Nicholas Quirke was sticking to his plans on 13 July 2020 even though rain all day had been forecast, which is apparantly common for the Summer time in the southern provinces. Suzhou was famed for its ancient gardens and that meant most of his planned itinerary was outside and in gardens. If he cancelled because of the rain then he would be wasting precious time in this city redolent with the creativity of its long Song Dynasty history. He got his umbrella and semi rain mac together, organised the bus timetable and he hit the road. He was disappointed that Suzhou did not operate the national bike scheme which meant that he had to either walk, take the subway or the bus. The location of Tiger Hill was not on a subway route and he turned to the busses to get him to this renowned beauty spot, full of temples, pavilions, shrines and gardens and despite its name, for once, a mercifully low hill. The rain was teeming down by the time he arrived and he was thankful again for the umbrella and was thankful too, though extremely sorry for the lady who took a tumble on the bridge making him aware that the rain made the rock surface dangerously slippy. It also made the grounds of the scenic area look verdant and tropical and he was thrilled to see the bared bones of the ancient temple that dominated the landscape in this light and damp. It was a beautiful journey through 13 Century southern China and he really began to appreciate the differences of the influences between the Song, Ming and Qing Dynasties and how the diverse cultures have helped create the images and foods that and people enjoyed by millions today. Once he emerged from grounds via the South Gate , rather than the north gate he began round the hill, he took a short detour through the fascinating decaying river bank of Huqiu on then began his journey to the Cold Mountain Temple, he discovered that because of serious building and road works he was going to have to walk 2 km to the nearest bus station. With no pavements this seemed a dangerous activity and he needed to keep his wits about him till he eventually got to a point where he could get a bus and was soon at his new destination, despite the bus route deviating from the one he expected. Nicholas really was overawed by the diversity of the temples and history in the region and the Hanshan temple, which was still functioning and had a restaurant where he could eat once his tour was complete. Pagoda, pavilions, drum tower, bell tower, where he paid to climb and strike the bell 3 times and a lunch of noodles in the beautiful surroundings of their restaurant. His laowai appearance In the temple and its dining hall caused a stir and he found himself again the object of interest, consternation and for some, joy. He finished his tour and then set off to walk the 2.5 km to his next venue, the legendary ‘Lingering Gardens’. Enroute he spotted a huge temple enclosure and wonderd if he could fit another activity into his crowded day and crossed the bridge to explore. Though he decided not to go inside, he felt the fates had lured him there, as just at the point he arrived there was another serious heavy down pour and he was provided , just in time with shelter. Shelter, it transpired he really needed as the umbrella would not open. If he had still been out in the street he would be soaked to the skin. As the rain lightened he quietly thanked the gods for their kindness, made a some use of the broken umbrella and went on his way. He passed a row of shops and some ladies called to him and he asked if they had an umbrella, they asked for 20 yuan and he got it down to 15. He was not going to bring the purple monstrosity home with him but it would offer better protection than what the broken implement could. He found the lingering gardens haunting, there were echoes of the gardens he had already seen but in the rain and fading light, somehow this intricate design this maze of halls ‘Celestial Hall of Five Peaks’ , pavilions ‘Refreshing Breeze Pavilion’ and corridors left a stronger impression on him, It felt almost alive, a living breathing entity, as the winding merging paths and bridges took him through a more ancient and decaying vista. It was late as he made his way back to the hotel but he did manage to stop at a snack bar Peng had recommended for him to try Iced Mung Bean Soup in peppermint water. What a treat! Cool and unexpectedly delicious. He was foot sore by the time he reached the hotel after 34000 steps and even though he had a shower to revive himself lying on the bed to recover was a bad move as he drifted off into a long satisfying sleep.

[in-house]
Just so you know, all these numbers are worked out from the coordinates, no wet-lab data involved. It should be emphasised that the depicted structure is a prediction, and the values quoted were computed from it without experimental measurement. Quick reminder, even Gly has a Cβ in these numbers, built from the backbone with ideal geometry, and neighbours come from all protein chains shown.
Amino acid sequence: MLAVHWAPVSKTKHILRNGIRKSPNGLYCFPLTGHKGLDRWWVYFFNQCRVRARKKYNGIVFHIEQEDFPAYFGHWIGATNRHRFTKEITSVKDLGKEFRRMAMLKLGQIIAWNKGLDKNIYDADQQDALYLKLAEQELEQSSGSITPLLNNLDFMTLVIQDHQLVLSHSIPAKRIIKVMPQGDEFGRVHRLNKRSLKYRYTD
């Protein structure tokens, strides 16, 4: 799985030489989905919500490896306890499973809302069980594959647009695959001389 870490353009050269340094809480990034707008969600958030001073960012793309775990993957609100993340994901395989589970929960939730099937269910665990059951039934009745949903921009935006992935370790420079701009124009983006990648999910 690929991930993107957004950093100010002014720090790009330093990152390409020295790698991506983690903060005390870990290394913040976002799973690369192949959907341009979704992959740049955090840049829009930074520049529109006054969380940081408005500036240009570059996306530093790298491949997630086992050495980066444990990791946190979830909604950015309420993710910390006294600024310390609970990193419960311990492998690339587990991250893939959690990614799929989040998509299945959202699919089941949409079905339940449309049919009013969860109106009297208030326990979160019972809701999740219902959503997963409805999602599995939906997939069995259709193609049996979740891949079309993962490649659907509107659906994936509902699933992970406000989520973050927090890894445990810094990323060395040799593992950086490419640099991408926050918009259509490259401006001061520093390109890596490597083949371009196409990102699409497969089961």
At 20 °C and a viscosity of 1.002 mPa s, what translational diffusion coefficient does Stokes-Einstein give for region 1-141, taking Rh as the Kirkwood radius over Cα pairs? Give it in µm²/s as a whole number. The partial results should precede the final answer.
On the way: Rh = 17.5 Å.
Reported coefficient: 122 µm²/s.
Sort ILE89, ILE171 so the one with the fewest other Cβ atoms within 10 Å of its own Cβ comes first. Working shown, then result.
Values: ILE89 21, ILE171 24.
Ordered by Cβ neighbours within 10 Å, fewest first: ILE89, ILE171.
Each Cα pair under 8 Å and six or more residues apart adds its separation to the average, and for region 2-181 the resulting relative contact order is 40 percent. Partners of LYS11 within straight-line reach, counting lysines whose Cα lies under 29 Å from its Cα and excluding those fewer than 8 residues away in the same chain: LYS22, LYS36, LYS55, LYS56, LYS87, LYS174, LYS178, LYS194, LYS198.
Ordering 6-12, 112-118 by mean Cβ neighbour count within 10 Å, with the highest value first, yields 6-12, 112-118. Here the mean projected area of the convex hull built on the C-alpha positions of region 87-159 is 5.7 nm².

Nicholas Quirke was amused by the room service robot when it delivered his dubious breakfast but when it appeared at his door for a second time on 11 July 2020 he was irritated by the waste of food. He had already had to throw away 2 yoghurts and there was no way he was going to force another congee and the breakfast delights down him. He was though pleased to have had an early start to the day and he ventured out swiftly to visit the Beijing Hangzhou Canal which he had cycled round it banks on a trip with Peng and it was good to have a finish to that story, though he didn’t think he could have cycled the whole way. What an adventure that would be. It was an interesting route through the city and took him into the bleak intimidaing environs of the financial district and its skyscrapers which always left him feeling uncomfortable and oddly unnerved. The views were completely different to what he was used to, but seeing the ancient dock was appealing. The map took him back to the hotel via a alternative route and he found himself on the shores of the West lake looking at it from a different angle. It was bustling with people and market stalls and a contrasting energy to the calm of the shores he had already visited. He was again a figure of interest, though it was not unusual to see westerners, the lockdown meant that Laowai’s had not been much in evidence for some time. Back at the hotel he finalised his packing, checked out and waited for the Didi, organised by Peng, to take him to the train station and a new destination. The station was coupled with the airport and was an impressive and vast futuristic construction. It was a much more sedate exit than his departure from Shanghai had been and he had time to relax before queuing for the train. He had become used since living in Beijing to being advised and assisted by Peng when they were travelling and he never had to think much for himself, which made the trip he was on, an experience of independence and both an anxious and an exciting challenge. Finding his way around the station, to the platform and to the right boarding post was both enjoyable and satisfying. The train journey to Suzhou was a short one and his arrival at the station where once again he anticipated problems was as smooth and untroubled as each step of his current journey had been. He took the subway to the hotel and checked in but a problem arose as it was now more than 7 days since he had taken the nucleic acid test and his paper was out of date. He tried to explain that he had been in Shanghai and Hangzhou and a test from those areas wasn’t required, in fact a test was no longer required even if he was coming direct from Beijing. They wanted to send him to the community office and a hospital to get a certificate. Having celebrated his independence he now had to get Peng on the phone to sort it out. He was mildly amused as he listened to his friend berate the staff and put a stop to the proposed interruption. He was checked in and that was that. It had taken a while and now meant that he only had time to drop off his luggage before heading off to his second live performance in a week. The Shanghai theatre had been a spur of the moment decision as he discovered theatres were now opening again; the visit to see The Peony Pavilion had been planned some time ago and as he sat in the exquisite gardens of the historic Suzhou Aimee Kun Opera museum he was in Chinese 7th heaven. The Peony Pavilion, written by dramatist Tang Xianzu in 1598, is a romantic tragicomedy play, conceived for staging as Kunqu opera, one of genres of traditional Chinese theatre arts and one of the oldest forms of Chinese opera, influencing the more widely known and lauded Peking style. With the promise of seeing the actors prepare he had arrived early and was in fact the first there. He was guided through the beautiful setting of the museum to his seat and informed that he could wander freely through the halls to observe and take part in various activities. It felt really special to be be given this liberty and thought he did not take part In the mask painting he studied the prints, felt vaguely voyeuristic as he watched an actress make up, saw a rehearsal with the chorus and was invited to join a stylish group of people in a tea ceremony. They were very interested in how he happened to be in Suzhou at this time and he engaged through the aid of the hostess Sylvie, in a lively conversation with them. It transpired the group were from the Xi An opera house and the glamorous woman was its director. He was exited and delighted to be able to meet and talk with people involved in performance at a high level and get an understanding of how their lives, business had been impacted by the crisis. He exchanged WeChat addresses with a couple with the intention of delving deeper and possibly finding counterparts he could meet with in Beijing. When the tea party broke up he found himself involved in an unpleasant confrontation with a drunk audience member who seemed to be implying that the English were big breasted and engaged in felatio. A horrified team of staff stepped in and rescued him from the potential abuse. The performance, when it started after a long introduction by the director on the sounds and style of Kunqu Qpera, of which he understood not one word, was astonishing. In it’s beautiful setting, the romantic Ming Dynasty story of a girl who falls asleep and dreams of a tragic love story, was captivating, the music more lyrical than the Peking form, the movement more fluid and less acrobatic, though the animal like sounds and tortured voice gymnastics were of a distinctly comparable genus. It looked and felt wonderful and his praise, when asked by a young woman who turned out to be the designer was effusive and genuine. He travelled back to the hotel feeling elated by the experience and delighted that another aspect of Chinese culture and its workings had been opened up to him. He was in high spirits when he finally sank into sleep.